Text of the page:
School Spotlight: Collaboration at Murrell School "When you know better, you do better." ~Dr. Maya Angelou
During my first year of teaching 8th grade math and science, I decided to put my students into cooperative groups for a math project. I was trying something new and even had my university supervisor coming to observe me. (In KY new teachers are observed at least 9 times a year by principal, mentor teacher, and university supervisor.)
Dr. Maya Angelou has a quote, "When you know better you do better." Well, let's just say that when the lesson where I used cooperative groups was observed, I had ALOT to learn. I had basically put students together and said, "cooperate". I lacked structures, strategies, and principles for facilitating the cooperative learning process.
Today, there's research about the importance of leveraging collaboration and social capital in schools (Hargreaves & Fullan, 2012; Hattie, 2015) for improving student success. However, just like I did in my classroom, educational organizations are putting teachers together in common planning time and saying, "collaborate." How well do you think this is working?
The collaborative inquiry process is a tool for providing structures, strategies, and group dynamic principles to help teams move from dialogue, to discussion, to decisions. The best part is that voices are heard and ownership is fostered, so that the actions really occur.
Let me share with you an example last week, November 8th from Murrell School where the TELL survey data was used with faculty to make recommendations for improving culture and climate. They made some excellent recommendations for supporting student success.
Here's what Susan Siegel, Executive Principal of Murrell School, shared about the process: "It was wonderful! I loved the process, and learned great strategies in working with staff. I talked to several teachers and they really appreciated the steps taken, and felt all voices were heard. Many also said they were pleased that we had a plan to ensure changes. All said you did a terrific job and thought the entire PD was exciting and energizing."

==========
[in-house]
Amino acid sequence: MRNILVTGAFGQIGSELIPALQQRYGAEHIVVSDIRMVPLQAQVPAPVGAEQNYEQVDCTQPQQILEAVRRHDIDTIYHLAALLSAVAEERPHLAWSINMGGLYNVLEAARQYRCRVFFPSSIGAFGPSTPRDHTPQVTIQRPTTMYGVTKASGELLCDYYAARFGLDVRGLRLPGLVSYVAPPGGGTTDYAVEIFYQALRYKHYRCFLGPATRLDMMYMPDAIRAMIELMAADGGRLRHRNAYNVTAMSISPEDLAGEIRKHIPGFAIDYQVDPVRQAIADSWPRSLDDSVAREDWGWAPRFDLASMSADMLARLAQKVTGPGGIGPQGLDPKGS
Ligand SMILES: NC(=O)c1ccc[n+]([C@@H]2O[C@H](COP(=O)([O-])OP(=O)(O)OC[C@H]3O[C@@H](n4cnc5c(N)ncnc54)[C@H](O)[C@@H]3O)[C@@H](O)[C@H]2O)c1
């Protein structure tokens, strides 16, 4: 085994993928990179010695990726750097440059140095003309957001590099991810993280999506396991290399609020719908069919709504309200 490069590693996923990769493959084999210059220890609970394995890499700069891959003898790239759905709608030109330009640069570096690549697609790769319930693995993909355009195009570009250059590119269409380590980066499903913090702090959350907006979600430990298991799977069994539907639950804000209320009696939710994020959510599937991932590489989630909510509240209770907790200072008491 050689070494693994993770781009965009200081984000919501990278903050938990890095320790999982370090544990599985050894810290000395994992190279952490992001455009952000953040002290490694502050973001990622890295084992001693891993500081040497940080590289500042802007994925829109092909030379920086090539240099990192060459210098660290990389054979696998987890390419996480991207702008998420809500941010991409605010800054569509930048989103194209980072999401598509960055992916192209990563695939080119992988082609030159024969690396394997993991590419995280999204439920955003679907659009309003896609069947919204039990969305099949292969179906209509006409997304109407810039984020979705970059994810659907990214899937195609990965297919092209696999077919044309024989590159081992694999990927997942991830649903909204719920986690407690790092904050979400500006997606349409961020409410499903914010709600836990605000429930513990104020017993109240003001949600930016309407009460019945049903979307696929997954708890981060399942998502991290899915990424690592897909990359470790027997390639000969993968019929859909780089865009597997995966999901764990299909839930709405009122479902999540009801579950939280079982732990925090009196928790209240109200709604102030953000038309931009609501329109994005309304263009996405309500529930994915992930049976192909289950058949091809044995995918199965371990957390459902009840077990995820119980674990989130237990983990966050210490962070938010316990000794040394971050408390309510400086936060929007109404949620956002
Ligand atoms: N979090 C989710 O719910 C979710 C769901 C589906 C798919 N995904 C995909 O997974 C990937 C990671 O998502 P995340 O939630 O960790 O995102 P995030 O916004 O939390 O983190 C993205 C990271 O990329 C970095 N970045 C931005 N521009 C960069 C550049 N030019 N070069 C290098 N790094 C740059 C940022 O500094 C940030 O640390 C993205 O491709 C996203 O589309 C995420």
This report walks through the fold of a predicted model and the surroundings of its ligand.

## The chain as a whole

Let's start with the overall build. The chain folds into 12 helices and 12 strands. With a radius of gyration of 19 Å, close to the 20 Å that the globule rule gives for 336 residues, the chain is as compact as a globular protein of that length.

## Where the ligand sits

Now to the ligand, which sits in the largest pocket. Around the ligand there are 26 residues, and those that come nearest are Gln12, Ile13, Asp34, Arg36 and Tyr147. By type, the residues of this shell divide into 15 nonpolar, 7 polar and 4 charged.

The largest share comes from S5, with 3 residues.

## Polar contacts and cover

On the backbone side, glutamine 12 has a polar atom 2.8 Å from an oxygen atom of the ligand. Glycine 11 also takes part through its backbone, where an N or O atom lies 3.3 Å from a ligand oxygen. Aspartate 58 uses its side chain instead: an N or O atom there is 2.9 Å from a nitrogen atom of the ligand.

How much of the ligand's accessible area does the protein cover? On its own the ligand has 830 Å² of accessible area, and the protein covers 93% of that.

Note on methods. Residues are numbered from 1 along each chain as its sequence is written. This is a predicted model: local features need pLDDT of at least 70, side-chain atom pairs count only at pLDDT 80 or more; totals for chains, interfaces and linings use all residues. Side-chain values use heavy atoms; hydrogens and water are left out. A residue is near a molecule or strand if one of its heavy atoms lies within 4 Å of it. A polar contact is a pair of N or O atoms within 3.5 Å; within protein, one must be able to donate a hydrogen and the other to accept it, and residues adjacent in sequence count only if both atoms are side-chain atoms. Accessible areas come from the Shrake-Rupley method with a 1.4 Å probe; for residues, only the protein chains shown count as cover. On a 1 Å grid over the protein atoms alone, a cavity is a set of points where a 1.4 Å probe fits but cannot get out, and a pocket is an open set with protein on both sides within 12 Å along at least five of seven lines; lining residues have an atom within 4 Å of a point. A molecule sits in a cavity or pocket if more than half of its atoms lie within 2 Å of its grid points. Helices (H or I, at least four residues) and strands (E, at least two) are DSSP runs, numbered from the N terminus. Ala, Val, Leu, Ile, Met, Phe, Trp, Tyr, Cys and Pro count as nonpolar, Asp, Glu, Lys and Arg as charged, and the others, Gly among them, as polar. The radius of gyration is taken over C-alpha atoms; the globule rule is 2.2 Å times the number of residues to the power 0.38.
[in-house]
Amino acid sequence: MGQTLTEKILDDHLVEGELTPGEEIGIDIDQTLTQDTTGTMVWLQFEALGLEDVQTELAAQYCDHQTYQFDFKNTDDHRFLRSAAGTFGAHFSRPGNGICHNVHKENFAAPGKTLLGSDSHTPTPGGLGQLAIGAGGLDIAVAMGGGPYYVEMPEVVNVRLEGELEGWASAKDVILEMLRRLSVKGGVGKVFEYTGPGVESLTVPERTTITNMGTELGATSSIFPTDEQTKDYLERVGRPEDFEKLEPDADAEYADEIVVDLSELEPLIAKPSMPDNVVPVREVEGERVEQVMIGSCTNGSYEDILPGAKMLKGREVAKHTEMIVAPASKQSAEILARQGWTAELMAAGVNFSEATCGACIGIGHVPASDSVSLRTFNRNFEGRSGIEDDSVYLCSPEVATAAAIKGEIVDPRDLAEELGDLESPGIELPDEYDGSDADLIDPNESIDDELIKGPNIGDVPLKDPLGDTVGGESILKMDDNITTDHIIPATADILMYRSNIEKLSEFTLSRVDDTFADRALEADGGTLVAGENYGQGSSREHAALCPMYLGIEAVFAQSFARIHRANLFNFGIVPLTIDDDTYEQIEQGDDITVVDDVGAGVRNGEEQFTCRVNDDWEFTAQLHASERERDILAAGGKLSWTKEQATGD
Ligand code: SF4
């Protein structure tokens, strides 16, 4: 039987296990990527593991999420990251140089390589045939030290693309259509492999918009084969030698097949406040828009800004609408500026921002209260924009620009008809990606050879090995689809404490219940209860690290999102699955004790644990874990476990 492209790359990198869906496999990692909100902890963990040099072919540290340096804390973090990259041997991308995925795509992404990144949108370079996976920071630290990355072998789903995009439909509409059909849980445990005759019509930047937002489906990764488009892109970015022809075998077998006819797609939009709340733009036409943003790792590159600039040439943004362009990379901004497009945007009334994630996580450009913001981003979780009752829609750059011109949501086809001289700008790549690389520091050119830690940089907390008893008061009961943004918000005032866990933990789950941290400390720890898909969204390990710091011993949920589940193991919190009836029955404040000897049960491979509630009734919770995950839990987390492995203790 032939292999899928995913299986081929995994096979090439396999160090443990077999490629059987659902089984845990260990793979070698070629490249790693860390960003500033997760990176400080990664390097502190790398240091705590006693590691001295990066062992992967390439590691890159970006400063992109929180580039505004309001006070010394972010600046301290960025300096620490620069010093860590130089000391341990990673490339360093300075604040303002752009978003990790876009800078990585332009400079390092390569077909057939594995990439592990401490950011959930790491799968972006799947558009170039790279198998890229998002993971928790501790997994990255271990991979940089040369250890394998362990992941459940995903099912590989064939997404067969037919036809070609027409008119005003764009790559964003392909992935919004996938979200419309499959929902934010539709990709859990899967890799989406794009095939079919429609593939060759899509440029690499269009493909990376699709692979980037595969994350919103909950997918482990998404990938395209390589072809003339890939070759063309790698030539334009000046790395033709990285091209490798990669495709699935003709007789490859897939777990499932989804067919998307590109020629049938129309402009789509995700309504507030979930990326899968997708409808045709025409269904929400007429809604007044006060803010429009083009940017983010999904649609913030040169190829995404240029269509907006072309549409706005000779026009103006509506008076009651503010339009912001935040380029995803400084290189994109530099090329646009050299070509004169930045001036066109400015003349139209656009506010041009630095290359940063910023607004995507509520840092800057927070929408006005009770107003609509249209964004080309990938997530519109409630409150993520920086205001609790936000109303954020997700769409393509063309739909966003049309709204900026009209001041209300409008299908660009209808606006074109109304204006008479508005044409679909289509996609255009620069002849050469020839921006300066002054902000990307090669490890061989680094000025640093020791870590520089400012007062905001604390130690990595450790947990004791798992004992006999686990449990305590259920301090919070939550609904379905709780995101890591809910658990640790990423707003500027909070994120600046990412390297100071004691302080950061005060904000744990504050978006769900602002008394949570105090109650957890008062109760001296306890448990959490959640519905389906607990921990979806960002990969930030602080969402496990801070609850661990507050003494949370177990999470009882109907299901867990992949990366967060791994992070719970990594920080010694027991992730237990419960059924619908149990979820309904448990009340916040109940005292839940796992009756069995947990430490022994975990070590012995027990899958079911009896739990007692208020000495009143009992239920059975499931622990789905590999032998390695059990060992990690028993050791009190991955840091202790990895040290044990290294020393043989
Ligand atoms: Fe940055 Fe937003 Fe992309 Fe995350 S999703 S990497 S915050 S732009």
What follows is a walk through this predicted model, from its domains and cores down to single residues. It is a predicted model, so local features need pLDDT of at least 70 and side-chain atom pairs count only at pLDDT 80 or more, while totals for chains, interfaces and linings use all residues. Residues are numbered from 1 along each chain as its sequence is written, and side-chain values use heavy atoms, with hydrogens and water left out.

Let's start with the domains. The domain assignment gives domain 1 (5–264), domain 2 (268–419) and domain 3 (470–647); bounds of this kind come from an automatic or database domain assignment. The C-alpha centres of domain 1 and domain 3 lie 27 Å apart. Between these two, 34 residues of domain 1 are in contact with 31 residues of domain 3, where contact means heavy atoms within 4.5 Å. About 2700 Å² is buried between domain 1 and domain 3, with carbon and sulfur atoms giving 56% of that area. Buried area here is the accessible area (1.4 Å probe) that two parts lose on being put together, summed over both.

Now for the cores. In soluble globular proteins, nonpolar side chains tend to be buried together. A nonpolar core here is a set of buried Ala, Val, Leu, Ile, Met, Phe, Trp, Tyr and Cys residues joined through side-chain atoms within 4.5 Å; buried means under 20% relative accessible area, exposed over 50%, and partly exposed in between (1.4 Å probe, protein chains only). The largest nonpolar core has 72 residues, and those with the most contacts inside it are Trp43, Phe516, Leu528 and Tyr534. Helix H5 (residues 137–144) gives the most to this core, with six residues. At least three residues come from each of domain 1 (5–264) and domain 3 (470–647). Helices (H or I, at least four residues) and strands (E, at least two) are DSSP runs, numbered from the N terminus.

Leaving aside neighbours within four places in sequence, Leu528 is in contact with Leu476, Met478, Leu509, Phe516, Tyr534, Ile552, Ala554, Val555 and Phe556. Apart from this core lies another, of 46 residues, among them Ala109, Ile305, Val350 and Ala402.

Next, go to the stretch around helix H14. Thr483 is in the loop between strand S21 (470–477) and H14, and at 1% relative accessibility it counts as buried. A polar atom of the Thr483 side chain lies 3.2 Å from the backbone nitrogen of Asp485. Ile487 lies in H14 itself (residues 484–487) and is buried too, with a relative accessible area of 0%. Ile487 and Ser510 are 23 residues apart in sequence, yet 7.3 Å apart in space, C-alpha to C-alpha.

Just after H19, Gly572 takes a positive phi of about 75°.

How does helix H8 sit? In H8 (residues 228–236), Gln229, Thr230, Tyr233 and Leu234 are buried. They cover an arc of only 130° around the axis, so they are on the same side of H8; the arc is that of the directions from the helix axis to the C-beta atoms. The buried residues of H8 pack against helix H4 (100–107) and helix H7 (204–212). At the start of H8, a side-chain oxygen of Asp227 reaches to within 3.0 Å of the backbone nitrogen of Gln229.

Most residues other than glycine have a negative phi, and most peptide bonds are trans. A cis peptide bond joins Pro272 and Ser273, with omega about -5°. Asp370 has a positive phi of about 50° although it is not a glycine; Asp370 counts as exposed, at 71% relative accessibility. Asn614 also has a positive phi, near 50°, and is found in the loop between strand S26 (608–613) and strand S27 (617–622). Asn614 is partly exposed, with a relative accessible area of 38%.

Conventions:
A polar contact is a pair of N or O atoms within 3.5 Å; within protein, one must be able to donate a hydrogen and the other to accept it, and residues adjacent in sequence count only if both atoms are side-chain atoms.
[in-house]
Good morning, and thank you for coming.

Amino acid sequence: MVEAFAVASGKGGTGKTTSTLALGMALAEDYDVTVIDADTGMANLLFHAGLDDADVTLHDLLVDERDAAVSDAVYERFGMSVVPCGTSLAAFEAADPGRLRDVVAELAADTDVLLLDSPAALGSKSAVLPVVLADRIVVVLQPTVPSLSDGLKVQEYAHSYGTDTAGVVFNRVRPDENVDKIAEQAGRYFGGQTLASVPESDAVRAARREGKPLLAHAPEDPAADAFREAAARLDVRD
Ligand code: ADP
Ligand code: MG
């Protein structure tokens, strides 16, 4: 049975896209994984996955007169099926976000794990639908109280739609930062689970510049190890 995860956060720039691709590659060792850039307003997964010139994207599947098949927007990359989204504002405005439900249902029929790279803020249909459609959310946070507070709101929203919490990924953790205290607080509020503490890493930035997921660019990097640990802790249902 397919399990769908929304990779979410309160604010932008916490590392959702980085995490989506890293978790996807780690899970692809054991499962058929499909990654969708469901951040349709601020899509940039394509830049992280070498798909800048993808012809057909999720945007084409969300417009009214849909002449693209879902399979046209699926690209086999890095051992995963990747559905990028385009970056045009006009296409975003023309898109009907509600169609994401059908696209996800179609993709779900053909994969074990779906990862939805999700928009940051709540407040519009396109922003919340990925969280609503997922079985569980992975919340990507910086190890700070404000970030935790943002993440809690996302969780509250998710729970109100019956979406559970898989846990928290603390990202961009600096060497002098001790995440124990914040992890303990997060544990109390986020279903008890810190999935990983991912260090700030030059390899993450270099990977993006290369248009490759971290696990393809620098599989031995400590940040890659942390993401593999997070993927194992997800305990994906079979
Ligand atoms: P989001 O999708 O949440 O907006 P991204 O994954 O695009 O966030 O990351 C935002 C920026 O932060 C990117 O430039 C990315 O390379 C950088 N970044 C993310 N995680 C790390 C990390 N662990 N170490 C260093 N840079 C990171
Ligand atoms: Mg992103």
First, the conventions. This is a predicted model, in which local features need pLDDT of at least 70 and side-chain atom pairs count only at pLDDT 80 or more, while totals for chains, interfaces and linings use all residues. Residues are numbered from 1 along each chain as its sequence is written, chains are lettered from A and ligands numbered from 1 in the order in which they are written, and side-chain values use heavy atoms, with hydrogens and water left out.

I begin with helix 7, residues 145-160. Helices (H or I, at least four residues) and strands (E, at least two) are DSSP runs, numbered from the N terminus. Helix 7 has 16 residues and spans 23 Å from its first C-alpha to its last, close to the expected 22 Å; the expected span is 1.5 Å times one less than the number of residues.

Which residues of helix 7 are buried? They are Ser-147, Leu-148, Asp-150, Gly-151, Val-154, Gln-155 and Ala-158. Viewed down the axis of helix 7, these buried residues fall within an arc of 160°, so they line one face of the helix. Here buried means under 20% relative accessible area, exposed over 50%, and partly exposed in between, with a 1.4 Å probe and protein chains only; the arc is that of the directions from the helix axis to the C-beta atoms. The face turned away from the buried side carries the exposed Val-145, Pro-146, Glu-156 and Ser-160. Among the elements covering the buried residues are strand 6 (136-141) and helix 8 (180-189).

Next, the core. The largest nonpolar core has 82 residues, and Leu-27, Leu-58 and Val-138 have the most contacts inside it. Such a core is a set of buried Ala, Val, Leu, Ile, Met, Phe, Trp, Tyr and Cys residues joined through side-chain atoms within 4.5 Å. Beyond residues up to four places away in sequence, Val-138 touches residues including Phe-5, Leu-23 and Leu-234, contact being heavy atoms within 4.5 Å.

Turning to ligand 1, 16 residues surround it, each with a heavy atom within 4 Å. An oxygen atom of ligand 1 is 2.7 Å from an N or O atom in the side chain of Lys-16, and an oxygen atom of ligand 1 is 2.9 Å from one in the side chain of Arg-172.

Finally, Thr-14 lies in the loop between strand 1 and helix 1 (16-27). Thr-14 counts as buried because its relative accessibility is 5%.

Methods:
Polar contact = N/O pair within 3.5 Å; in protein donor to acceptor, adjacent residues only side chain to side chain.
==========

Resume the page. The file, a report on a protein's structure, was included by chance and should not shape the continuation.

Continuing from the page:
You can read more about Murrell's work at http://www.mnpscollaboration.org/murrell--culture-and-climate-2016-2017.html.
Thanks Murrell for inviting me to be part of the conversation. I look forward to continued collaboration.
If you and/or your school is interested in learning more about the collaborative inquiry process for fostering data conversations, please feel free to contact Margie Johnson at email@example.com.
Hargreaves, A. & Fullan, M. (2012). Professional capital: Transforming teaching in every school. New York City, NY: Teachers College Press.
Hattie, J. (2015). What works best in education: The politics of collaborative expertise. Retrieved from https://www.pearson.com/content/dam/corporate/global/pearson-dot-com/files/hattie/150526_ExpertiseWEB_V1.pdf
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